Disney is ending its film distribution agreement with Netflix, will launch a 
stand-alone platform
Daniel Miller


Walt Disney Co. is ending its film distribution agreement with Netflix for new 
releases in one of the boldest moves a traditional studio has taken against the 
leading digital platform.

The Burbank company instead will launch a new Disney-branded direct-to-consumer 
streaming service in 2019. The decision represents a major shift in strategy 
for Disney, which for years has worked with Netflix to distribute its content — 
including hit films and original television shows.

Disney said Tuesday that it would end the Netflix distribution agreement 
beginning with the 2019 calendar year  theatrical slate. Original television 
shows such as Marvel Studios’ “Jessica Jones” and other existing programming 
would not be removed from the service, according to Disney.

Disney also is paying $1.58 billion for a 42% stake in Bamtech, the streaming 
video company that is developing both the Disney-branded stand-alone streaming 
service and a similar offering for ESPN. The latter service will debut in early 
2018. Disney already owned a piece of Bamtech: It had acquired a 33% stake in 
the company, which was created by Major League Baseball, in August 2016.

Disney shares closed up about a half-percent to $106.98 on Tuesday. But the 
stock dropped more than 3% at one point after the closing bell.

The Netflix decision comes as major studios and networks have expressed growing 
concern over the rising clout of the Los Gatos-based company, which has 
siphoned viewers from linear television, changed consumers’ viewing habits and 
threatened studios’ traditional business model. Shares of Netflix lost more 
than 3.5% at one point in after-hours trading on Tuesday. In regular trading, 
the stock had dropped more than 1.5% to close at $178.36.

“U.S. Netflix members will have access to Disney films on the service through 
the end of 2019, including all new films that are shown theatrically through 
the end of 2018,” a Netflix spokesperson said in a statement. “We continue to 
do business with the Walt Disney Co. globally on many fronts, including our 
ongoing relationship with Marvel TV.”

The company has been riding a wave of enthusiastic investor sentiment after it 
posted strong growth for the second quarter that ended in June, surpassing 100 
million subscribers worldwide during the period.

Netflix has attributed robust subscriber growth to its strong content slate,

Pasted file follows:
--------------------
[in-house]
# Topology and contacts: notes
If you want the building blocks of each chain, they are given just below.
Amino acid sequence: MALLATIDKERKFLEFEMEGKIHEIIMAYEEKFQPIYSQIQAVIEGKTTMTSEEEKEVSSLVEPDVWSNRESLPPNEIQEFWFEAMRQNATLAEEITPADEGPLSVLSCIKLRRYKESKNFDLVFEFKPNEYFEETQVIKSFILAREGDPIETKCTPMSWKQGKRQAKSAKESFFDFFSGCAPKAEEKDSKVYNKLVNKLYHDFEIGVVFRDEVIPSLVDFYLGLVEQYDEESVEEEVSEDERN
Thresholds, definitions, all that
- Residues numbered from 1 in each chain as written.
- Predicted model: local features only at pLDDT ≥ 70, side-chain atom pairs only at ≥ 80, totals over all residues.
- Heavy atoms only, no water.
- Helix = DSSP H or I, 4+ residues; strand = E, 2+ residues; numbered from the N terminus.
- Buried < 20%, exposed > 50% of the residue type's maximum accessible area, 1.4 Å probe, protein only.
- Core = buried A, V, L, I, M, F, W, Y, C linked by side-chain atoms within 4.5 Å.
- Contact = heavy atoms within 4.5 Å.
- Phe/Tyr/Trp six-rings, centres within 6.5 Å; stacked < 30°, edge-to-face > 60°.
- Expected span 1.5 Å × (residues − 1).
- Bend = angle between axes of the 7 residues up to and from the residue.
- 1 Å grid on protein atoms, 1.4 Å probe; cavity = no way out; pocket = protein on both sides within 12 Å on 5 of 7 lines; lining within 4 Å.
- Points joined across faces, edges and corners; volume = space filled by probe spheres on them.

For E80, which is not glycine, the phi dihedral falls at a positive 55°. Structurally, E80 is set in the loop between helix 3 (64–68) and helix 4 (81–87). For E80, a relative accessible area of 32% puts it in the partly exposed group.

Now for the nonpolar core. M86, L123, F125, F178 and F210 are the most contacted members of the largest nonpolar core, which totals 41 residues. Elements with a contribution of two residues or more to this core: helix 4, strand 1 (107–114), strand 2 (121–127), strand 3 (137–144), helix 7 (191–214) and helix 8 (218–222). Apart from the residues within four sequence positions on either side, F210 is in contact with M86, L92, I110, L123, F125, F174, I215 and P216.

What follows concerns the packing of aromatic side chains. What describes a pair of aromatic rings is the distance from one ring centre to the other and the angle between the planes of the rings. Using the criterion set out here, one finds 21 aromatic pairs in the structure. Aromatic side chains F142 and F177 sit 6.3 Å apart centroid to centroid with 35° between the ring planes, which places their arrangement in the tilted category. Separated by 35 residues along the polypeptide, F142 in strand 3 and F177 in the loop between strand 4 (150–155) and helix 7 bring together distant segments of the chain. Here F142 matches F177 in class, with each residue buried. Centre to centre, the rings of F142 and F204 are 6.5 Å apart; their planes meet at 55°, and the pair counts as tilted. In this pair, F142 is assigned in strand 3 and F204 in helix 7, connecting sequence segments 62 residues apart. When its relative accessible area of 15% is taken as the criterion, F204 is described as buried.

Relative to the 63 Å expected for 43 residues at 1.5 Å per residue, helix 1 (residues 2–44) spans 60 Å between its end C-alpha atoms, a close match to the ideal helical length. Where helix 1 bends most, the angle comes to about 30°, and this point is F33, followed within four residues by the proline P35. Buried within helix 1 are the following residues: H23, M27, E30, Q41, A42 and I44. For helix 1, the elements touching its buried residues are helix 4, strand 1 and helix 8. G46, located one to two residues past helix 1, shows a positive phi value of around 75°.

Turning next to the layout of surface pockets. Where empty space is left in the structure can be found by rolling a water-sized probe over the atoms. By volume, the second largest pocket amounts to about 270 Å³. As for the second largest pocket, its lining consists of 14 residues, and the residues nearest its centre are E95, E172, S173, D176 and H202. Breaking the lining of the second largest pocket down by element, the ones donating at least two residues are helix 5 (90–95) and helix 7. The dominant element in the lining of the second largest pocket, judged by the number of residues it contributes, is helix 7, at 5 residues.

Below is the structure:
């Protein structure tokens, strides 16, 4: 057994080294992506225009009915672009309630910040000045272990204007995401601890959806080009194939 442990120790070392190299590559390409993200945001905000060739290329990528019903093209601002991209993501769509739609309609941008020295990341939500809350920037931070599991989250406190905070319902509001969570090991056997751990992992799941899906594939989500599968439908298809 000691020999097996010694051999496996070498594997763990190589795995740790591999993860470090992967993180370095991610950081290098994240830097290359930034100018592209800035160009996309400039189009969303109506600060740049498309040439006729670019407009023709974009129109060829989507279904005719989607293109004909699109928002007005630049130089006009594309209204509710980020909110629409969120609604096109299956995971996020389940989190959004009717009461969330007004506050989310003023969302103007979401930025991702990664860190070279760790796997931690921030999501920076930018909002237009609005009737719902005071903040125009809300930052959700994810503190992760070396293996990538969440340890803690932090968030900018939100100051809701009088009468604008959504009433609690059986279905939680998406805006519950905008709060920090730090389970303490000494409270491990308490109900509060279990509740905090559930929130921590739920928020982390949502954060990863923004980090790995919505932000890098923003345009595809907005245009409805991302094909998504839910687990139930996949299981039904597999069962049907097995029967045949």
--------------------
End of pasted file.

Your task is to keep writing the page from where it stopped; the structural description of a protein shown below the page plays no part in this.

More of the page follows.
which includes new seasons of popular series including “House of Cards,” 
“Orange Is the New Black” and “Master of None.” This week, it acquired comic 
book publisher Millarworld and signed a deal to do a six-episode talk show with 
David Letterman.

Despite Netflix’s increased emphasis on self-produced shows like “Stranger 
Things,” the majority of content viewed by its subscribers remains programming 
that Netflix licenses from other studios, including Disney. Netflix is expected 
to spend at least $6 billion this year on content, up from $5 billion last 
year. That includes money it pays other studios to license shows and movies.

Also on Tuesday, Disney reported a third-quarter profit of $2.4 billion, down 
9% from a year earlier. It delivered earnings per share of $1.51, and revenue 
of $14.2 billion, which was essentially flat compared to a year ago.

The company failed to deliver on analysts’ expectations, who’d predicted 
earnings per share of $1.55 on revenue of $14.5 billion, according to Factset 
(adjusting for a one-time charge related to a legal settlement, Disney earned 
$1.58 per share).

Disney’s media networks unit, which houses ESPN and ABC, had a tough quarter, 
reporting segment operating income of $1.84 billion, which was down 22% 
compared to last year. The unit’s operating income declined on a year-over-year 
basis for the fifth quarter in a row. Within the cable networks group, which 
includes ESPN, segment operating income was down 23% to $1.46 billion. Disney 
attributed the drop-off in part to higher programming costs and lower 
advertising revenue at ESPN.

Those issues exemplify the tough spot Disney finds itself in with ESPN.

ESPN needs to grow its revenue base to keep up with the escalation of sports 
rights costs at a time when a traditional revenue source — cable affiliate fees 
— is under threat by so-called cord cutters and the move to smaller TV packages 
offered by providers. ESPN has lost more than 10 million subscribers since 
2010, according to Nielsen data.

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